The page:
Mackenzie Davis is quietly cornering the market when it comes to playing cyborgs or robotic characters and infusing them with humanity. With the ever-expanding role of technology in day to day life, it's not much of a surprise movies and TV shows continue to explore the anxieties that come with these advances. Westworld looked at the morals of creating lifelike robots who exist solely to be killed and abused by human tourists, or even the Alien prequels, where Michael Fassbender's android develops a god complex after being mistreated by humanity.
This topic has become more prevalent in recent years, which can be seen further in movies like Ghost In The Shell. Mackenzie Davis first came to audiences attention due to her lead role in TV series Halt And Catch Fire, which ran for four seasons on AMC. The show dealt with the emergence of personal computers and the internet. Technology would soon become a recurring theme in Davis' work, thanks to prominent roles in Black Mirror, Blade Runner 2049, and the upcoming Terminator: Dark Fate.
"San Junipero" is considered one of the best episodes of Black Mirror - which is surprising, considering how upbeat it is compared to the rest of the series. Black Mirror looks at the dark side of technology but "San Junipero" focuses on the love story between Yorkie (Mackenzie Davis) and Kelly, played by Gugu Mbatha-Raw (The Cloverfield Paradox). While the episode initially appears to take place in 1987, a twist reveals most of it is set within a simulated reality for the deceased, though the living can visit.
"San Junipero" finds the elderly inhabitants transported back in time to their younger selves, with the episode shamelessly evoking nostalgia from the music through to costume choices. Rather than look at the dark side of living in a fantasy world, the episode looks at the upside. It allows both Yorkie and Kelly to be together without fear or shame, after both they've both lived hard lives. The episode ends with both ladies passing on and their consciousness' uploaded to a computer, allowing them to be together in a virtual afterlife.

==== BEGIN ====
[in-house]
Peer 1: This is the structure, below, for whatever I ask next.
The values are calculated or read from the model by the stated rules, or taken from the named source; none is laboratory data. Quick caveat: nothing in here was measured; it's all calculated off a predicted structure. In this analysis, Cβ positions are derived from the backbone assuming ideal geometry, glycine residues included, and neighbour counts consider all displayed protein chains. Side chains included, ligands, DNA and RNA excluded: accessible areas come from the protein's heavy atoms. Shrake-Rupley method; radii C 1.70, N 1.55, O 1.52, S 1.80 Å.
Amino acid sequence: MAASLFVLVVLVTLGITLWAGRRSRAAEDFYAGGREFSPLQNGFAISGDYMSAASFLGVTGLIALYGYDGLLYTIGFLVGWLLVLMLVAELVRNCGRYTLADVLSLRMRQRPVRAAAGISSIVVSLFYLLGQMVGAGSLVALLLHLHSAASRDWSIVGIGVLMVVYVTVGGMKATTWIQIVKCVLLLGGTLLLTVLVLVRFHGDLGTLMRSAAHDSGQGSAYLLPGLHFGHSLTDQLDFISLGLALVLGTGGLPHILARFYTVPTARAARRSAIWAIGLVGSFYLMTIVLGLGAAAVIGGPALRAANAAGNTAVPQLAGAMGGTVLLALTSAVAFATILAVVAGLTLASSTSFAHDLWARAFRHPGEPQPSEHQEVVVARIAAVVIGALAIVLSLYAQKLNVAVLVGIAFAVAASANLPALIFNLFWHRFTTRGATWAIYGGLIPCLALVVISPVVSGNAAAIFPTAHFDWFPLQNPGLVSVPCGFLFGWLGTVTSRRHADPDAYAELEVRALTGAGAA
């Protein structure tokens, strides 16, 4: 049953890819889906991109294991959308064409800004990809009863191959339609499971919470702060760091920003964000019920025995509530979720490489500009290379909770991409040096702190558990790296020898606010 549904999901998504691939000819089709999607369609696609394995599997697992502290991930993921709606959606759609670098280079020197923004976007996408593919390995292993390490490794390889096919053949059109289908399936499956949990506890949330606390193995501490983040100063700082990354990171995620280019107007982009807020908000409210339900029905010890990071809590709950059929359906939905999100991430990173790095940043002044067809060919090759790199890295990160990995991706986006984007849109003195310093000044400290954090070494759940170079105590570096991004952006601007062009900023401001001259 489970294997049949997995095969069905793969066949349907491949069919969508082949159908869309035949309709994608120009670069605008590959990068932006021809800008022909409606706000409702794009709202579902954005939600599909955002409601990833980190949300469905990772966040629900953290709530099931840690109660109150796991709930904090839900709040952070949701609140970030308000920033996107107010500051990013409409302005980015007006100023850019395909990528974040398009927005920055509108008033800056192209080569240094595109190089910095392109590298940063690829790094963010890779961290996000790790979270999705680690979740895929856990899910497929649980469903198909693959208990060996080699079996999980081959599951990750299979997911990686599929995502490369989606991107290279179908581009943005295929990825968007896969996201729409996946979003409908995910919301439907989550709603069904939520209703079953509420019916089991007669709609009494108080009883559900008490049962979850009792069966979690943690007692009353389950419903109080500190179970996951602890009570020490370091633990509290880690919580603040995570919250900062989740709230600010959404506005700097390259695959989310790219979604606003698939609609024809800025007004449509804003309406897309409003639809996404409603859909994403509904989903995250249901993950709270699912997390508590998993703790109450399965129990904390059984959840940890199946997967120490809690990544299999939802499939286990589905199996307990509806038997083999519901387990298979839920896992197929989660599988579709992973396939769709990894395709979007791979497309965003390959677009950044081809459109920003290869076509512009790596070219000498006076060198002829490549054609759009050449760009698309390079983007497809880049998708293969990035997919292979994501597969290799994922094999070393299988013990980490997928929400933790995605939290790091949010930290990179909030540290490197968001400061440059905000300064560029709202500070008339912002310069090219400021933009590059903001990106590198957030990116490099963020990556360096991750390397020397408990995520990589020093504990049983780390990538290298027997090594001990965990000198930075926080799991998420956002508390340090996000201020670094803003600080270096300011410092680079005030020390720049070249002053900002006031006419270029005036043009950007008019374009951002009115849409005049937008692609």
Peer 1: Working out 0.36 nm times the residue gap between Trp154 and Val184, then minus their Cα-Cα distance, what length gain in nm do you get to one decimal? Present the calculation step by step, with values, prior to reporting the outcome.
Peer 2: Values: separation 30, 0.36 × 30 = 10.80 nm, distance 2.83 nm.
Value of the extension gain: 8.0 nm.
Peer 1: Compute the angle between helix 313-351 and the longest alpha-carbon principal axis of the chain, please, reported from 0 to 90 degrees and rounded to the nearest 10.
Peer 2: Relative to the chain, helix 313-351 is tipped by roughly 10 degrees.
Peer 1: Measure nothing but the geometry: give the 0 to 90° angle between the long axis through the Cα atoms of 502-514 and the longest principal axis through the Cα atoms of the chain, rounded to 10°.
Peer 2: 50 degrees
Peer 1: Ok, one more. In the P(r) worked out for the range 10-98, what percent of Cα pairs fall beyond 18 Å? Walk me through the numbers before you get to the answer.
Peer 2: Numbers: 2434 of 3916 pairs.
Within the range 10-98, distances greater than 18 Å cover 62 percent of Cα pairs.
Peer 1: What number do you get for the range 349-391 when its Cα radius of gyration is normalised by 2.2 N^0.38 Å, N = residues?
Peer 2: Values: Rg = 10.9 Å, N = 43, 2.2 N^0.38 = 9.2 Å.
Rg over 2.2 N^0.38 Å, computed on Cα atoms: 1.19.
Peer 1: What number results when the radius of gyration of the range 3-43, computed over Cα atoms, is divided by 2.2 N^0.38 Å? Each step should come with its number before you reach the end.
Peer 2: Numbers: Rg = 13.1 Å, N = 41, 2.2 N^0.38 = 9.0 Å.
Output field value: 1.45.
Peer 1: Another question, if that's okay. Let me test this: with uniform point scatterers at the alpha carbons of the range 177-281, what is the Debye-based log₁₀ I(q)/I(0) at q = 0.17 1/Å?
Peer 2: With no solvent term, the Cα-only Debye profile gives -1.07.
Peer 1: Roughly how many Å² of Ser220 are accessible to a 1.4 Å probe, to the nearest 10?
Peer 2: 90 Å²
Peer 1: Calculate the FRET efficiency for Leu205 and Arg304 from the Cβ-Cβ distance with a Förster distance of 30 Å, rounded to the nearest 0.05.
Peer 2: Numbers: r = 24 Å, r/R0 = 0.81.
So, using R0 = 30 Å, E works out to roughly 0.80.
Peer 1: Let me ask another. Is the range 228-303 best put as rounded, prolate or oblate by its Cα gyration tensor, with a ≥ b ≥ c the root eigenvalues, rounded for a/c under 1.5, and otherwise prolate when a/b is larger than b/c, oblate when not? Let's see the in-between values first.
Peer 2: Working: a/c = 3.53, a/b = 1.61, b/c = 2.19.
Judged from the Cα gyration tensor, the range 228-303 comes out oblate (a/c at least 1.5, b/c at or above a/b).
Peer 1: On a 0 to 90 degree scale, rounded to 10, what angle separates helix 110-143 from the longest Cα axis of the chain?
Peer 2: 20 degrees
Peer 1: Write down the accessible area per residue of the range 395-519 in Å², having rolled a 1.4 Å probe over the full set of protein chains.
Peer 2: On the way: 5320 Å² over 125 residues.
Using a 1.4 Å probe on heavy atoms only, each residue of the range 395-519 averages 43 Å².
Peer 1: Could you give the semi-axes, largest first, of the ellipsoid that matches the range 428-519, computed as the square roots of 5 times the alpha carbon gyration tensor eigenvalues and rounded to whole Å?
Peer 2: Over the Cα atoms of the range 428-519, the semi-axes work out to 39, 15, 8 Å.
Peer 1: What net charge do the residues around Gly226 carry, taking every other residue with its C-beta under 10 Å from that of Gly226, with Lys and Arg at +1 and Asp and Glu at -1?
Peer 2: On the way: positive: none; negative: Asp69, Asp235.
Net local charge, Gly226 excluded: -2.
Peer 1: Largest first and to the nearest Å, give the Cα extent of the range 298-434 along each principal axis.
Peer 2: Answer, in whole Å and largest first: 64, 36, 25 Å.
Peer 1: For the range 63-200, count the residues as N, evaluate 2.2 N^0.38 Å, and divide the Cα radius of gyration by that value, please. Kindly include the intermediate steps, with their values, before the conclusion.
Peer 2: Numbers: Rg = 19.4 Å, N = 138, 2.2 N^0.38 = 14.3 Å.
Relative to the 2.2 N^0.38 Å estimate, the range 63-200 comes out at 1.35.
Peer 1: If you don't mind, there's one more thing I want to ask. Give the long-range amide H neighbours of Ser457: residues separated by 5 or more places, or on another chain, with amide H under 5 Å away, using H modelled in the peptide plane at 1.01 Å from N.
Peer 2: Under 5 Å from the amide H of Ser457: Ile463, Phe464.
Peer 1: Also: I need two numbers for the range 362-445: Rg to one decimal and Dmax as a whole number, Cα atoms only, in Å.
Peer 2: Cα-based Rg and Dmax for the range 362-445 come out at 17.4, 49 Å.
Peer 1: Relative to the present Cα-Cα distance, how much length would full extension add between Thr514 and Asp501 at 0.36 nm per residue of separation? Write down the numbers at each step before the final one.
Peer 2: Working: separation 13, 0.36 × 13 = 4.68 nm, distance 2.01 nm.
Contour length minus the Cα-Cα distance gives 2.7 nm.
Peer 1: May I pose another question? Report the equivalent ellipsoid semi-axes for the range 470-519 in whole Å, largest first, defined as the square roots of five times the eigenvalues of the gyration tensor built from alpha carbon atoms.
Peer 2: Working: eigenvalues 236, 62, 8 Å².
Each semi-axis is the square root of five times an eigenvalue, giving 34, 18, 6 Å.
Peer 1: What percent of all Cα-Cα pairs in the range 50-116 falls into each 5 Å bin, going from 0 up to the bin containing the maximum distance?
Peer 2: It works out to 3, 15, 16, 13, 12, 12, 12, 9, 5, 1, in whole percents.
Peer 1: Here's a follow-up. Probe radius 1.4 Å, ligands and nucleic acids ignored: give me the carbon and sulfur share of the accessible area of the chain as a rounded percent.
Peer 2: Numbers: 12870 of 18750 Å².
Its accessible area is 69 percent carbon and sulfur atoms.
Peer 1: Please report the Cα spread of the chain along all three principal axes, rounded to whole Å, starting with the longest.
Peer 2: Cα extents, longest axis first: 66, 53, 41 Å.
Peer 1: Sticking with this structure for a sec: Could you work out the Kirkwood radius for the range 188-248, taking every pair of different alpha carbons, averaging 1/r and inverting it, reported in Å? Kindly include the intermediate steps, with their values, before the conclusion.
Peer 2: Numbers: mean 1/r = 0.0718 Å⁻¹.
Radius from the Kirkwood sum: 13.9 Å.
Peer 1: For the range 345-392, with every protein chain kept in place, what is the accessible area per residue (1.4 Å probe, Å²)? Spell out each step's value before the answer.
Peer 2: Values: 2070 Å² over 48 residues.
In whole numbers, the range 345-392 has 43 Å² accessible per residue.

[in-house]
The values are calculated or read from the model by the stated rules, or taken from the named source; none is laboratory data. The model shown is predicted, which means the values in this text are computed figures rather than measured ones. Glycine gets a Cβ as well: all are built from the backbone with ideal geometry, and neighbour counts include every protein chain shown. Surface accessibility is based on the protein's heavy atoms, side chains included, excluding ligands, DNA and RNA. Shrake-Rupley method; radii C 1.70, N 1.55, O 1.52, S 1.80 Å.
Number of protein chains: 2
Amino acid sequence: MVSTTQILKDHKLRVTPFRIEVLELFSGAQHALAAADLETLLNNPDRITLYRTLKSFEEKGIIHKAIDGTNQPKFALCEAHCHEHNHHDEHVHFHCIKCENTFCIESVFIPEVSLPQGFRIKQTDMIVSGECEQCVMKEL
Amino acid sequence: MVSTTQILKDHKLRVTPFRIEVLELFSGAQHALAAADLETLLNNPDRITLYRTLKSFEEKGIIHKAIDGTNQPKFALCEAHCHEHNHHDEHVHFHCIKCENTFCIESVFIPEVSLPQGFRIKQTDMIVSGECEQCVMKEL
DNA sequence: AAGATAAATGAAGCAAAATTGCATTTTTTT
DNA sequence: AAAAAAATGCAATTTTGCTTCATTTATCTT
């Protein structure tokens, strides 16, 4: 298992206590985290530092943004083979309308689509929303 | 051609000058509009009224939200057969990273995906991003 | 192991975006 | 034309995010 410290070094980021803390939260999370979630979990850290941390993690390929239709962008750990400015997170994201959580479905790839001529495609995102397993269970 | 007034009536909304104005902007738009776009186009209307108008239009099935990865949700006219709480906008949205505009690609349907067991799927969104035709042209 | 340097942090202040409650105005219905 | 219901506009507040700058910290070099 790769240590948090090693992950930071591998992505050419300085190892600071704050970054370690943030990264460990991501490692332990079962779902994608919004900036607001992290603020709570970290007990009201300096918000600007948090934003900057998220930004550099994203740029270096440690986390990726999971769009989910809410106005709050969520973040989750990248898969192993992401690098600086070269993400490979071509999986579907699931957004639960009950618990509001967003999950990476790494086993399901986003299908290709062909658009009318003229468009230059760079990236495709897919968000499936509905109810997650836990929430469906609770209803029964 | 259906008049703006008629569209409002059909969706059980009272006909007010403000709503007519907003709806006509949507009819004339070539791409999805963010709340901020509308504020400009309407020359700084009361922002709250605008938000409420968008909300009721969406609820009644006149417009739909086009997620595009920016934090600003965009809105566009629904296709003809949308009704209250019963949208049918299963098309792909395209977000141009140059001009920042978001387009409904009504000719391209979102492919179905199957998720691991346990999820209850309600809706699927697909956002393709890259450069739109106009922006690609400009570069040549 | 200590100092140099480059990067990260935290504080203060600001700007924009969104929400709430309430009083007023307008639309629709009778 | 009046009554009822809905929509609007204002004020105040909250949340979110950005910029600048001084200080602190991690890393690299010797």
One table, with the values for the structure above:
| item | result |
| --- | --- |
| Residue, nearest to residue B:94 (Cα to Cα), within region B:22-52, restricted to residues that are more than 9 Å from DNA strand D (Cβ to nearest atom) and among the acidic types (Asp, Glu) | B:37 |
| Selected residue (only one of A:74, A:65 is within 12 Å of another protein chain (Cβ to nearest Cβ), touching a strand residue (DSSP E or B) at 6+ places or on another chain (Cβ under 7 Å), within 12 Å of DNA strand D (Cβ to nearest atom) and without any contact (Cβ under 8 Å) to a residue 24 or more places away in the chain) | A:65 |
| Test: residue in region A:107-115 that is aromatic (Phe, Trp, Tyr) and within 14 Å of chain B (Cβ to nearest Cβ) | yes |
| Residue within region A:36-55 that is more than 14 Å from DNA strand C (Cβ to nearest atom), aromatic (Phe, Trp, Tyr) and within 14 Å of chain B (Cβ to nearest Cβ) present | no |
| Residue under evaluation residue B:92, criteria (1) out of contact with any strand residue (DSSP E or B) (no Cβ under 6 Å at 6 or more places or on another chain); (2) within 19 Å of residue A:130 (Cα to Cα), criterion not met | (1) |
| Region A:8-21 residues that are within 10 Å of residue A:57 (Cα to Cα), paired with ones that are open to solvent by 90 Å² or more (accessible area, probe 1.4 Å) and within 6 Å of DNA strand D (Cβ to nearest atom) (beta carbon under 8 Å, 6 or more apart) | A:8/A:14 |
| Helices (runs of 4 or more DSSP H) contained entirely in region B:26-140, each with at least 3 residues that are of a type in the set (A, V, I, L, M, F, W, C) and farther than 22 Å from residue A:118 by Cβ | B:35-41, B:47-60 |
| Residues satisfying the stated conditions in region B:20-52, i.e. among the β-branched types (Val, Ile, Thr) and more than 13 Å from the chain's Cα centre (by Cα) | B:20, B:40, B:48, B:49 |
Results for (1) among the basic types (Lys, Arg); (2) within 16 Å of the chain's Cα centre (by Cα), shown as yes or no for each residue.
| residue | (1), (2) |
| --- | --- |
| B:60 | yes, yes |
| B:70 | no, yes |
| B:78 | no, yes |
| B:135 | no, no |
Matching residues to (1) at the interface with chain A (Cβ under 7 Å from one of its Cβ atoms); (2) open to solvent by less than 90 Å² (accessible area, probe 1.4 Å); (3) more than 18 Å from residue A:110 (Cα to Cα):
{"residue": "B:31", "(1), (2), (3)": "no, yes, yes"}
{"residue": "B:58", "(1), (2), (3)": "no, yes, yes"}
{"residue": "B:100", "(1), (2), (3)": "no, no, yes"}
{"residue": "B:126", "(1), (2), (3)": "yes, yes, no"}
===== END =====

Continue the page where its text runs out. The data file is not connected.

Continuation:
On the flipside to "San Junipero," Blade Runner 2049 takes a darker view on the future of mankind and technology. In the Blade Runner universe, humanity has created a race of replicants, beings who are almost identical to mankind but have advanced speed and strength. Replicants are essentially slaves, and if they break from an assigned role they're retired, AKA killed. Mackenzie Davis plays Mariette in 2049, a replicant prostitute who comes into contact with K (Ryan Gosling), a Blade Runner.
Mariette's motives in Blade Runner 2049 are mysterious at first, though it's later revealed she's part of the replicant underground resistance. K is hunting for the child of Harrison Ford's Deckard; a part human, part replicant hybrid. This was previously thought impossible and replicants see this child as their messiah. The film is rife with questions about the nature of free will and choice, with K being manipulated throughout, from his superiors to the freedom movement. Even his memories belong to somebody else. It's only in his decision to rescue Deckard in the finale does he truly make his own independent choice.
Davis' Mariette puts a human face on the resistance because while their motives are sympathetic, even they are willing to resort to brutal tactics. Mackenzie Davis will continue the tech theme with Terminator: Dark Fate. While her character's exact background hasn't been confirmed, Davis' Grace is an "enhanced" human being out to protect new heroine Dani Ramos. Her character appears to be some kind of human/cyborg hybrid, which will no doubt lead to questions of which side is more dominant. While it's probably not an intentional career choice, Mackenzie Davis keeps cropping up in sci-fi projects that involving cyborgs, A.I. and the role of technology. Given the overall quality of this material and the humanity she brings to them, hopefully, this theme will continue.
- Terminator: Dark Fate (2019) release date: Nov 01, 2019